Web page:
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The definitions states are using to define a disadvantaged community varies widely, and it is leaving many low-income communities out of federal funding for essential water projects.
When it shelled out $50 billion in the infrastructure law to improve water quality around the nation two years ago, Congress said it wanted about half of the money to go to disadvantaged communities. The problem is that Congress never defined what a disadvantaged community is and left it up to states to decide.
That isn’t going so well for some disadvantaged communities, said Erik Olson, senior strategist on health, food and agricultural policy for the Natural Resources Defense Council (NRDC). “Some communities that really need money aren't getting it while some communities that maybe don't need it as much are getting the money."
The issue appears to be that what states consider to be disadvantaged differs so much that, as of December, no two states had the same definition, Becky Hammer, NRDC’s deputy director for federal water policy wrote in a blog post.
The disparate definitions have led to some impoverished communities being forced to pay back loans for water projects because they aren’t meeting a state's definition to receive grants to cover the costs.
The Infrastructure Investment and Jobs Act distributes loans through two federal programs—one to prevent water pollution through the Clean Water State Revolving Fund, and the other to address problems like lead pipes through the Drinking Water State Revolving Fund.
In terms of the clean water program, for example, nine states consider a community as disadvantaged if it’s small.
Take Illinois. It only excuses local water agencies from repaying loans for projects if they serve fewer than 25,000 people under a “small community rate.” And those with fewer than 10,000 people can also have loans forgiven under a “hardship rate.”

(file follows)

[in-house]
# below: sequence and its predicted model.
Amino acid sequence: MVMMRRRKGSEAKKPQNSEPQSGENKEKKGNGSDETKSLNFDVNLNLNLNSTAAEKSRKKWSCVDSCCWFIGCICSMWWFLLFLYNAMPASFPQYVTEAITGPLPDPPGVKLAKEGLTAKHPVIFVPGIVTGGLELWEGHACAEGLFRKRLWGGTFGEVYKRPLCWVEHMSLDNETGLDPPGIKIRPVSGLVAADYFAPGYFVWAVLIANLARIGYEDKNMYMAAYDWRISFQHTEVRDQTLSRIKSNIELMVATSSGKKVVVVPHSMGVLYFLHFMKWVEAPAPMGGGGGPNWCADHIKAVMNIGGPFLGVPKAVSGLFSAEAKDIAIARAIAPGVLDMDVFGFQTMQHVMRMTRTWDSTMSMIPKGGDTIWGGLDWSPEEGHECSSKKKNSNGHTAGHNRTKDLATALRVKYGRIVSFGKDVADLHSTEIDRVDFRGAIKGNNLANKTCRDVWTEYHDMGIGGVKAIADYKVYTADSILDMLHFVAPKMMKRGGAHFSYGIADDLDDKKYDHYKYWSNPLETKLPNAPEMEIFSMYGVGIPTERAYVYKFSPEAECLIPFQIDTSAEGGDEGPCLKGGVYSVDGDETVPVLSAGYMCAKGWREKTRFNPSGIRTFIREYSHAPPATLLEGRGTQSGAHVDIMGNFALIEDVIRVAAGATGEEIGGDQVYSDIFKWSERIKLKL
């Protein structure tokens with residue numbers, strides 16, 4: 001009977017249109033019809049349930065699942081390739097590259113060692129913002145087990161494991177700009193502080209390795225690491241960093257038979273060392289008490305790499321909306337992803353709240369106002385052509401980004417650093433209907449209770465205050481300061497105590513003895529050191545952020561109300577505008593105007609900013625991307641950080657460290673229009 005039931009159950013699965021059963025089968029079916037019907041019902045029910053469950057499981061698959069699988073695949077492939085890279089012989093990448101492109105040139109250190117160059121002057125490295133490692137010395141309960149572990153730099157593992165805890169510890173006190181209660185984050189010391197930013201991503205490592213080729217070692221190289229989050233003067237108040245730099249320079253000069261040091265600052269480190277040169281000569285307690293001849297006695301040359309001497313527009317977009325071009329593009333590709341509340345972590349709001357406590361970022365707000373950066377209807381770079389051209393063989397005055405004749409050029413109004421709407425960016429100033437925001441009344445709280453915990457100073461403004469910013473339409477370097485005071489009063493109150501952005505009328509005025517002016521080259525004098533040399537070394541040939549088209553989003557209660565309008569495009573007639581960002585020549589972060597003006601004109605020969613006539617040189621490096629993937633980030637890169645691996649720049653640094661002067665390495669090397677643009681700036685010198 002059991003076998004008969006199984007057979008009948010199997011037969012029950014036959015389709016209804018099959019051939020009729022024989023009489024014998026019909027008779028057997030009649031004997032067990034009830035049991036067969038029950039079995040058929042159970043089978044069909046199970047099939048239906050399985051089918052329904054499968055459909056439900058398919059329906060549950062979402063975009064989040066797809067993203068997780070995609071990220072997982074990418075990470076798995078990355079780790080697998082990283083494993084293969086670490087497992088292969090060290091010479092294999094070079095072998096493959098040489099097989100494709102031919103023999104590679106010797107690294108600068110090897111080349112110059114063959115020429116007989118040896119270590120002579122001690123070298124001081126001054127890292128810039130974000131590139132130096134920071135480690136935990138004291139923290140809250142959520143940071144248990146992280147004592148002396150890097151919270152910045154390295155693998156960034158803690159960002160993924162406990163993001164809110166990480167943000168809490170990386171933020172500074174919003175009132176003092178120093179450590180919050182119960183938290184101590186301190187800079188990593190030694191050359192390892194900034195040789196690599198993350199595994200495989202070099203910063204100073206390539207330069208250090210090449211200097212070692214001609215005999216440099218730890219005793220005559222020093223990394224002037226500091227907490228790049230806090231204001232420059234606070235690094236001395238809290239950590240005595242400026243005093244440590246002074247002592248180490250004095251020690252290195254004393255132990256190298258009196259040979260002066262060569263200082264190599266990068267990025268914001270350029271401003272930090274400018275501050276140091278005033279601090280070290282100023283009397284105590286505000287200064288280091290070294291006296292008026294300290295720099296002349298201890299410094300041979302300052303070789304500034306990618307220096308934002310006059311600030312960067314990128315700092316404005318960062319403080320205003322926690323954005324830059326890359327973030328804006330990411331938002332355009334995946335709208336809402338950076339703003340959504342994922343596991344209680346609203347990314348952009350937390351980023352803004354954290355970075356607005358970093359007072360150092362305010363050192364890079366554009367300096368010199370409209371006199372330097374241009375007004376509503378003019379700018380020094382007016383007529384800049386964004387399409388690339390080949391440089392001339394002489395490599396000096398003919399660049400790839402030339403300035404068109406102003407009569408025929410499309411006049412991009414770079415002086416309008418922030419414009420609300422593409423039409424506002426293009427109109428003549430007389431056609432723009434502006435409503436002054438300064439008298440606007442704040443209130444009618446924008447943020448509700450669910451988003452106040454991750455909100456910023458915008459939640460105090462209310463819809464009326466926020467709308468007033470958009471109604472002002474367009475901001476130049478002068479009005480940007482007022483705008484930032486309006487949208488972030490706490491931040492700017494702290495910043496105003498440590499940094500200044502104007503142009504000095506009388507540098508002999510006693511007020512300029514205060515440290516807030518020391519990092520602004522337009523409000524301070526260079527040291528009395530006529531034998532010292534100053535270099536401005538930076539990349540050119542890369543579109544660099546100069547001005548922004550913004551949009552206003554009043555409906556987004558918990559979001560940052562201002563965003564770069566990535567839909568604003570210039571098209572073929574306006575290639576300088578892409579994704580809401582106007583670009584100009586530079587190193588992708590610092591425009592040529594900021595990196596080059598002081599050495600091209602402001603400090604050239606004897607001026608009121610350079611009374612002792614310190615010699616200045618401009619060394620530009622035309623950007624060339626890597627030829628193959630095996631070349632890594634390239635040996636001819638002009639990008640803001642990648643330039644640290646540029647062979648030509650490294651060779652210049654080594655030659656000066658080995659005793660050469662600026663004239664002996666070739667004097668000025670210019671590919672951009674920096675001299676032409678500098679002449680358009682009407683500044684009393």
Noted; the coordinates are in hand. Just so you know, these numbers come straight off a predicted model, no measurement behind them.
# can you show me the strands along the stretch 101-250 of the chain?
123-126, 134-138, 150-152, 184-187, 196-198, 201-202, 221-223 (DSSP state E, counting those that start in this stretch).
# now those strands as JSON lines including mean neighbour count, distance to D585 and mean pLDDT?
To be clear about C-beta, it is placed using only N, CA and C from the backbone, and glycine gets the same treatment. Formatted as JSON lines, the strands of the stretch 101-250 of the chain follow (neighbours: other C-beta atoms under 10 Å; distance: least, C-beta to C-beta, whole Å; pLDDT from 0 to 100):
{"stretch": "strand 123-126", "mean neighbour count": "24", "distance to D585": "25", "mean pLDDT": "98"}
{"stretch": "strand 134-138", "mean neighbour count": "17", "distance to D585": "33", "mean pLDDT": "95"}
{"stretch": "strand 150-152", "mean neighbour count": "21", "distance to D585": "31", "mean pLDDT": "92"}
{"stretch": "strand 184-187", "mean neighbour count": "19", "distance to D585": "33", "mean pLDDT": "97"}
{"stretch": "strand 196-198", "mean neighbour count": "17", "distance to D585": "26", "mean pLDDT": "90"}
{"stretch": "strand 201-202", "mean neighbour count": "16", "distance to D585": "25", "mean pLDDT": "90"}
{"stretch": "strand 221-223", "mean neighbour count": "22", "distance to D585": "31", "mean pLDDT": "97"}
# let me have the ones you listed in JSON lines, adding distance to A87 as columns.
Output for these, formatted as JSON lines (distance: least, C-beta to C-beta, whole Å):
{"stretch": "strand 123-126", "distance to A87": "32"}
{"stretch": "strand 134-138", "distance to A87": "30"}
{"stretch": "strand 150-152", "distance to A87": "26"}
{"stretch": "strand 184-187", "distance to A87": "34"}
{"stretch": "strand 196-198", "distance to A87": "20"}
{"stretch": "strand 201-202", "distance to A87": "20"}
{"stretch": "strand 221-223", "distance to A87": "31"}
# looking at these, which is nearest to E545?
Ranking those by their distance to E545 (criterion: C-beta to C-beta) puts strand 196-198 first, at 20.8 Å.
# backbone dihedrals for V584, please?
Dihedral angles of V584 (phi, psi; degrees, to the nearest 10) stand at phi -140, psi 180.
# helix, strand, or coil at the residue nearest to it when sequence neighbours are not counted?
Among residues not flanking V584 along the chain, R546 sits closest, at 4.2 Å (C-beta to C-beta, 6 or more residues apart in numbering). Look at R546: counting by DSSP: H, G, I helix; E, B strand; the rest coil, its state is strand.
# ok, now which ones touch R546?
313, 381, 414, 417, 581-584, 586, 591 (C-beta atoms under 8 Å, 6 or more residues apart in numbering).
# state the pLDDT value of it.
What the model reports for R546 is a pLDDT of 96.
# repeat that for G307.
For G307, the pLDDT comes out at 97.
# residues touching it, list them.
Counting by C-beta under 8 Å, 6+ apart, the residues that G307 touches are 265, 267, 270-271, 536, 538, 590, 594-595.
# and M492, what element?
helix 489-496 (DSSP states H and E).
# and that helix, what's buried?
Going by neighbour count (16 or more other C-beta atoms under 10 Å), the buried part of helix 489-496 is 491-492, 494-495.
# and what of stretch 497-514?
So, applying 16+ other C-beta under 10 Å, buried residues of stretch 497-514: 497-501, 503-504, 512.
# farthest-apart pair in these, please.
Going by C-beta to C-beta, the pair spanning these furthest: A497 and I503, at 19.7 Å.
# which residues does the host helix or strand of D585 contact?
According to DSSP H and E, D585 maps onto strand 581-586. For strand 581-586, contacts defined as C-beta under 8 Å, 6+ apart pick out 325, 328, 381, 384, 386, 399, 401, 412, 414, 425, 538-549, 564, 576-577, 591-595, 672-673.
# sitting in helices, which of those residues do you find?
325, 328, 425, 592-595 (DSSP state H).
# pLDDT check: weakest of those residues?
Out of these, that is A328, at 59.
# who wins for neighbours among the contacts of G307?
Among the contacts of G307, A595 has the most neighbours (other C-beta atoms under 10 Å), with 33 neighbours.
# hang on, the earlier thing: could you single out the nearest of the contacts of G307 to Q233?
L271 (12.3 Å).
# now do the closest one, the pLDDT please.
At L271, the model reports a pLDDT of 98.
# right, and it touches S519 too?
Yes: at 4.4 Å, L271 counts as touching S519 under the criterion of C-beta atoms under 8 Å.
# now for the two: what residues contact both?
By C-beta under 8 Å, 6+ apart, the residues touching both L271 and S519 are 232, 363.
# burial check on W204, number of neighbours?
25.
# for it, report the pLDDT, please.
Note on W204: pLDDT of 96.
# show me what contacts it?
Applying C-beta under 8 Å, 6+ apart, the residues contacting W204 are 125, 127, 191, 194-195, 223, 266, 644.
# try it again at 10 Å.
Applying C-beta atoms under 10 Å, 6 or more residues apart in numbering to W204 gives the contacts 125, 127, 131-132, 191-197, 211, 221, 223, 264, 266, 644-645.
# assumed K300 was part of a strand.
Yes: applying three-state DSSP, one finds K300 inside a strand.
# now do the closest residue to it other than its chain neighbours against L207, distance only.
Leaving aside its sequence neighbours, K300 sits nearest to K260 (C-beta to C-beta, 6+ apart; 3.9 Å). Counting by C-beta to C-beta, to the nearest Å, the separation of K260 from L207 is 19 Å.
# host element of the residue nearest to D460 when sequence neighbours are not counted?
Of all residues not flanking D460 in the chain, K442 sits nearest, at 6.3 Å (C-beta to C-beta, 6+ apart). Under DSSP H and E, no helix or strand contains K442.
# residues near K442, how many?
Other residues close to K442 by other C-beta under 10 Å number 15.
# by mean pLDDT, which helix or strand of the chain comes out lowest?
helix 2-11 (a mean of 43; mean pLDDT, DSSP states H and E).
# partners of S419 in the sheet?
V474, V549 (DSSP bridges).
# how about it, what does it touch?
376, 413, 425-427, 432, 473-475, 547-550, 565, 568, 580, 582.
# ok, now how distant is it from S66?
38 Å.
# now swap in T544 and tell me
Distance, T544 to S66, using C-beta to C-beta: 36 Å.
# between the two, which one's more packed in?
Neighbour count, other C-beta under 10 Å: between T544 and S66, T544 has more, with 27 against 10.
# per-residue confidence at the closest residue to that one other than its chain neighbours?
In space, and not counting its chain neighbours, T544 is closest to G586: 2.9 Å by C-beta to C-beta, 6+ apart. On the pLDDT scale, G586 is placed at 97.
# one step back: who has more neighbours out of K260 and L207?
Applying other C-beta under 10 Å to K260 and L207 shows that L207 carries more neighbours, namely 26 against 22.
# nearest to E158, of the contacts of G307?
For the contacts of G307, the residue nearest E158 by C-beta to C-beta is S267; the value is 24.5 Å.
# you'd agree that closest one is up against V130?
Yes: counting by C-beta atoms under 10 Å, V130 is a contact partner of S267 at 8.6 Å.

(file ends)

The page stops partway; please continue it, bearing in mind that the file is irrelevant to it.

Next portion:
That’s a problem for larger communities with impoverished areas, like Chicago. “For a city the size of Chicago, having a [population] cap means that the city is going to get very little money towards a massive problem,” Olson said. The fact that the city has “by far the largest population of low-income people of any community in the state, is a problem as far as we're concerned.”
NRDC is hoping the U.S. Environmental Protection Agency will step in and stop states from spending more of the infrastructure act’s funding for loans until they change their definitions. The EPA, though, hasn’t signaled that it’s willing to go that far and appears willing to let states come up with their own definition.
At a hearing in March before the Senate’s Environment and Public Works Committee, Sen. Shelley Moore Capito of West Virginia, the committee’s top Republican, pressed Radhika Fox, the EPA’s assistant administrator in charge of water policy, to let states decide how to define what disadvantaged means.
The relationship between the agency and states is a “partnership,” Fox responded. But ultimately, “Yes, absolutely, the states are in the driver's seat,” she said.
Still, the agency has said that the definitions some states are using are a problem.
“A key priority of [the infrastructure law] is to ensure that disadvantaged communities benefit equitably from this historic investment in water infrastructure,” Fox wrote in a March 8 memo to states on how they will be allowed to use the funds. But a “barrier” to that, she wrote, is making population a “determining factor” in deciding who will get the help. “EPA strongly encourages states to amend their affordability and disadvantaged community definitions.”
The agency has been discussing with states how they should define which communities should be considered disadvantaged. And some states are considering making a change.
Illinois officials are thinking about eliminating the maximum number of people an agency serves in order to have their loans forgiven, at least for removing lead pipes, said Kim Biggs, a spokeswoman for the state’s Environmental Protection Agency.
“This change would allow any size community to possibly obtain principal forgiveness for an SRF loan for lead service line replacement,” she said.
That’s a positive step, Olson said. But larger communities in the state would still not be considered disadvantaged for other kinds of water projects like preventing water pollution.
Washington state’s health department, which gives the drinking water loans to local governments, announced on Thursday that it is planning to change its definition.